Eddy Compensation in the Southern Ocean
Institut für Meereskunde, Universität Hamburg
Local Project ID:
HPC Platform used:
JUQUEEN of JSC
The Atlantic Meridional Overturning Circulation (AMOC) transports warm tropical surface water towards northern Europe and returns cold water at depth to the world’s ocean. At the same time it plays a significant role in the global carbon cycle through the ocean’s ability to dissolve carbon dioxide. This overturning is thus of great climatic importance, but a complete picture of its driving forces has not yet emerged due to several observational and theoretical challenges.
One of the leading hypotheses on what governs the AMOC strength is the strong westerly winds that overlie the Southern Ocean. In combination with the unique basin geometry, these winds are able to supply the necessary energy to raise the water from great depths to the surface and return it back towards equator. This idea has gained support from past numerical model studies, but which did not include the explicit effect of ocean meso-scale eddies generated by hydrodynamic instabilities of the large-scale mean flow. This project uses therefore realistic coarse and high resolution ocean models to investigate the ocean response to changes in wind stress and the ability of meso-scale eddy parameterisations to simulate that response.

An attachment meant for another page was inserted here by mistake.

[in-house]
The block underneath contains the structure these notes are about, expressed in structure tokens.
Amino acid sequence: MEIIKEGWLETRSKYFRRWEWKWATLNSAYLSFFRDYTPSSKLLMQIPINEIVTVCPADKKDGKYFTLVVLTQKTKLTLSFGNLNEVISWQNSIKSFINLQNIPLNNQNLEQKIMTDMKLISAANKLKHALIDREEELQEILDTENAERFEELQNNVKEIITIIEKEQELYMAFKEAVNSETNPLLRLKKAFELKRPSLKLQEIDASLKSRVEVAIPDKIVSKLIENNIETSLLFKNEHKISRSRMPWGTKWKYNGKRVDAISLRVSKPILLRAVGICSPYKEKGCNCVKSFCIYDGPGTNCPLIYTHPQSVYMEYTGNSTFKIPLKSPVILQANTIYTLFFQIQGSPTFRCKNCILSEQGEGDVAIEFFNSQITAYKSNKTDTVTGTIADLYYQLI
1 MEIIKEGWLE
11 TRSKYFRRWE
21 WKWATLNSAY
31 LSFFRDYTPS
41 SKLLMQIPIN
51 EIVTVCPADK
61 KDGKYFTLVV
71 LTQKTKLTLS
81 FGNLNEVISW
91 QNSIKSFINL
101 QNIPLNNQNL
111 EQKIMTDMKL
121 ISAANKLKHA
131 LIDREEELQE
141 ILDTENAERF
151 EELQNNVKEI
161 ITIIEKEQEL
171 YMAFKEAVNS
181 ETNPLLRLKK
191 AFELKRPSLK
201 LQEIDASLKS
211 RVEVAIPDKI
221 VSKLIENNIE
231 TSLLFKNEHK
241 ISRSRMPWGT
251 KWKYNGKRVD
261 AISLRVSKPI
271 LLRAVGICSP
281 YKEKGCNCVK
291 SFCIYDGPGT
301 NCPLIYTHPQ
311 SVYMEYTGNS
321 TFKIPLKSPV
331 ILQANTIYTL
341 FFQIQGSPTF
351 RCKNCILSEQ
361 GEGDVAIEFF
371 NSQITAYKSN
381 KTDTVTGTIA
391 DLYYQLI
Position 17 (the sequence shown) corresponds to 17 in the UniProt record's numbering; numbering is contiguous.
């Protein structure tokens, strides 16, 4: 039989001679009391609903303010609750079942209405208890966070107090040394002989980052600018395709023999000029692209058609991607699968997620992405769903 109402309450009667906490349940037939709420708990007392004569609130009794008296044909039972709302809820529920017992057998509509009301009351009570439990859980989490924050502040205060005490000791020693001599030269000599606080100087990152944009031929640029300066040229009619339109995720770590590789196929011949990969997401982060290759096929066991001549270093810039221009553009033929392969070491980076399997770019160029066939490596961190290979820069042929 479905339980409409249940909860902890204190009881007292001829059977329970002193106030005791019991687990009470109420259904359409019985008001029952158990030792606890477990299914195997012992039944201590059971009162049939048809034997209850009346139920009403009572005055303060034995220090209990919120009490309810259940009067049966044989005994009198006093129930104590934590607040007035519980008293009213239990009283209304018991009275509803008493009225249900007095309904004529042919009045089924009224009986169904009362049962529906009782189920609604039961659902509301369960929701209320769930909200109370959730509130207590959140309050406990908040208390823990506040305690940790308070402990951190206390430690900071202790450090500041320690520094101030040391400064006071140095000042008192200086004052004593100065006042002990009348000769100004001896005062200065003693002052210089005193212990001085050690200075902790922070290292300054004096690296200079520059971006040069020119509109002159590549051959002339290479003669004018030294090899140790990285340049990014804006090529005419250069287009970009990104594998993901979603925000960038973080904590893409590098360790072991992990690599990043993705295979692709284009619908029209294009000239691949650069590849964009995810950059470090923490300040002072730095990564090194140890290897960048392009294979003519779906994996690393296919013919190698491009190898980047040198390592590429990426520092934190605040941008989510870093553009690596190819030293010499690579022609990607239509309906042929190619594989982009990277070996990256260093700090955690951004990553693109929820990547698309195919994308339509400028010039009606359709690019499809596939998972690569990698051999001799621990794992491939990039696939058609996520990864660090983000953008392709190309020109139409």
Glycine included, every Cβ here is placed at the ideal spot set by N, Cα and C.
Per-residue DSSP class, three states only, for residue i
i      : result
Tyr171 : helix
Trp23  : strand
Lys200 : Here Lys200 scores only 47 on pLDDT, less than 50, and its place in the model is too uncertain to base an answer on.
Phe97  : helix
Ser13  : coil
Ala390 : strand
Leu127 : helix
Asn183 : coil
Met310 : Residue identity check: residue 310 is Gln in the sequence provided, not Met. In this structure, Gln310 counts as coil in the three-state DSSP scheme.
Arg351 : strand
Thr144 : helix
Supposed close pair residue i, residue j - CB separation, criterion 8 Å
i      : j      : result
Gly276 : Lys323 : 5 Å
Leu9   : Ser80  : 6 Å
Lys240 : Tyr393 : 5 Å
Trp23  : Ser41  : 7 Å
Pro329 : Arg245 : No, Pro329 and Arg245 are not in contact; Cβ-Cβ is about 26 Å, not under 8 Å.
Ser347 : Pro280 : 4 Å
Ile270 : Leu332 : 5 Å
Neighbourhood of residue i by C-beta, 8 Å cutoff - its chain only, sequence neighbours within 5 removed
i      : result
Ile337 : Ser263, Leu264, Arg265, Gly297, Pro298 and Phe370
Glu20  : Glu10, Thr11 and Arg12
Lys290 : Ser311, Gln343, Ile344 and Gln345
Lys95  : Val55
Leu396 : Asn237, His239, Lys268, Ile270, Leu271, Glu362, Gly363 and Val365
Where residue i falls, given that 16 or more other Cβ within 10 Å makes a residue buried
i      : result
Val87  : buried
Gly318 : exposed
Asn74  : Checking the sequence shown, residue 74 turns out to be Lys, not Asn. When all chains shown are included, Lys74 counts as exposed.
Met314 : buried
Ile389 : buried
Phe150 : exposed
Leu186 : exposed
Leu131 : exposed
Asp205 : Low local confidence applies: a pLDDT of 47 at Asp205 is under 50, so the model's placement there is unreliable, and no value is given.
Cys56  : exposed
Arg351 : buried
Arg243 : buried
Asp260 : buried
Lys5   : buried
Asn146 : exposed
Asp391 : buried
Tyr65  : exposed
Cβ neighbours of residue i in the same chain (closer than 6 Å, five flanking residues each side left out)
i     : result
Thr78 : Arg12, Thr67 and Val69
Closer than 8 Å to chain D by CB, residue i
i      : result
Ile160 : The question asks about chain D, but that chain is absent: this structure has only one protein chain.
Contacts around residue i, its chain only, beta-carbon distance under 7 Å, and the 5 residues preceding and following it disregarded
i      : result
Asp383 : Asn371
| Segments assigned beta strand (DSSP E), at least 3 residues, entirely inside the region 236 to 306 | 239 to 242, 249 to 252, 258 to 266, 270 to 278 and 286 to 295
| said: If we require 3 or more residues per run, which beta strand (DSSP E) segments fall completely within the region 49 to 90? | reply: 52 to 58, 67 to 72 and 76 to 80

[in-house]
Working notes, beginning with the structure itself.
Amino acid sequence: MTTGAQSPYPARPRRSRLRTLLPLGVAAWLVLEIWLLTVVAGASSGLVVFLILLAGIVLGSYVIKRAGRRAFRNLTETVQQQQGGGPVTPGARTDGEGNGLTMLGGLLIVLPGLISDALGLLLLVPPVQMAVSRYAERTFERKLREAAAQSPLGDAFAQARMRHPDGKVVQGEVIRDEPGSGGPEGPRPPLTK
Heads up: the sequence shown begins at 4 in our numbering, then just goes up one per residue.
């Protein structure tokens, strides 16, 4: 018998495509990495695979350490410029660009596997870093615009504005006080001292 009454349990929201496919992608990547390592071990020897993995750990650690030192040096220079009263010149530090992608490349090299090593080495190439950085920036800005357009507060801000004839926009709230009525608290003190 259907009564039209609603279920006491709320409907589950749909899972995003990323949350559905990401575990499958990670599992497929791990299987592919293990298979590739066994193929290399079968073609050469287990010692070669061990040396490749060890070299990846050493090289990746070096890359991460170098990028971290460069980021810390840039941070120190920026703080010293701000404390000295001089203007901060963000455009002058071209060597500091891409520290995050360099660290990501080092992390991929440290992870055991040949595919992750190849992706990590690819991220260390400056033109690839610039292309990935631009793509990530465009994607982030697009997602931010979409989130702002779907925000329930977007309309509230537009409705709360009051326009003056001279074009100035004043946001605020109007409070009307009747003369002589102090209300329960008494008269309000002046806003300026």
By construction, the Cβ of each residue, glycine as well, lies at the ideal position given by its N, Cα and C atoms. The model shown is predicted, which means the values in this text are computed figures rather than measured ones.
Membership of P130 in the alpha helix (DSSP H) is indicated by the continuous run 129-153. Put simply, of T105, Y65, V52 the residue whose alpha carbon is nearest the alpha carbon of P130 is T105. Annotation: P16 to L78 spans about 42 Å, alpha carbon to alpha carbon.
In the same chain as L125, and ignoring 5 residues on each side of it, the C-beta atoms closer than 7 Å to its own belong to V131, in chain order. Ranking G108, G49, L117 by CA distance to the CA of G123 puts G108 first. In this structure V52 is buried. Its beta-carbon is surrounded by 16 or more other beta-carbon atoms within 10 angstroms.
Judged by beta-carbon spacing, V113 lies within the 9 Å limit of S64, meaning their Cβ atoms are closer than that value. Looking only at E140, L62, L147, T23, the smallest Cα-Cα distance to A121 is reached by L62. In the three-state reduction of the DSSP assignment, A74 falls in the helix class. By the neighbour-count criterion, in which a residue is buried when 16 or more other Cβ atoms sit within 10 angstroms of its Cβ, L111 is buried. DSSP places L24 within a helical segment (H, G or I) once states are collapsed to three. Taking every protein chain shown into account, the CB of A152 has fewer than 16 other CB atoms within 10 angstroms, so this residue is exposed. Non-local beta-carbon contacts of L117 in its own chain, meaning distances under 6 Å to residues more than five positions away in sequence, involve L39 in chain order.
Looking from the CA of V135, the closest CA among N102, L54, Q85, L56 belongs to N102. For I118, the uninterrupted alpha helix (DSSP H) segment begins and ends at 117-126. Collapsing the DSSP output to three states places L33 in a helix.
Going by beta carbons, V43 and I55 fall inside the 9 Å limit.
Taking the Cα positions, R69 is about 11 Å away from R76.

Scientific work accomplished and results obtained
Recent research has shown that the instability of the Antarctic Circumpolar Current in the Southern Ocean fuels a rich eddy field, which compensate the effect of the winds on the overturning in the Southern Ocean. These studies have however been idealized with respect to bottom topography, basin geometry and governing equations, all of which are aspects of the Southern Ocean that is known to be important to the dynamics. Present day state-of-the-art climate models, like the Community Earth System Model (CESM), relax these simplifications by solving the full set of the primitive equations in a more realistic domain, but are too crude in resolution to explicitly resolve ocean eddies, why they need be parameterized. This involves a complication due to the necessary specification of an eddy diffusivity. We investigate the ability of the model’s eddy parameterisation to correctly reproduce the response to changes in AMOC due to wind stress changes over the Southern Ocean in subproject A and explore new ways for improved parameterisations in subproject B.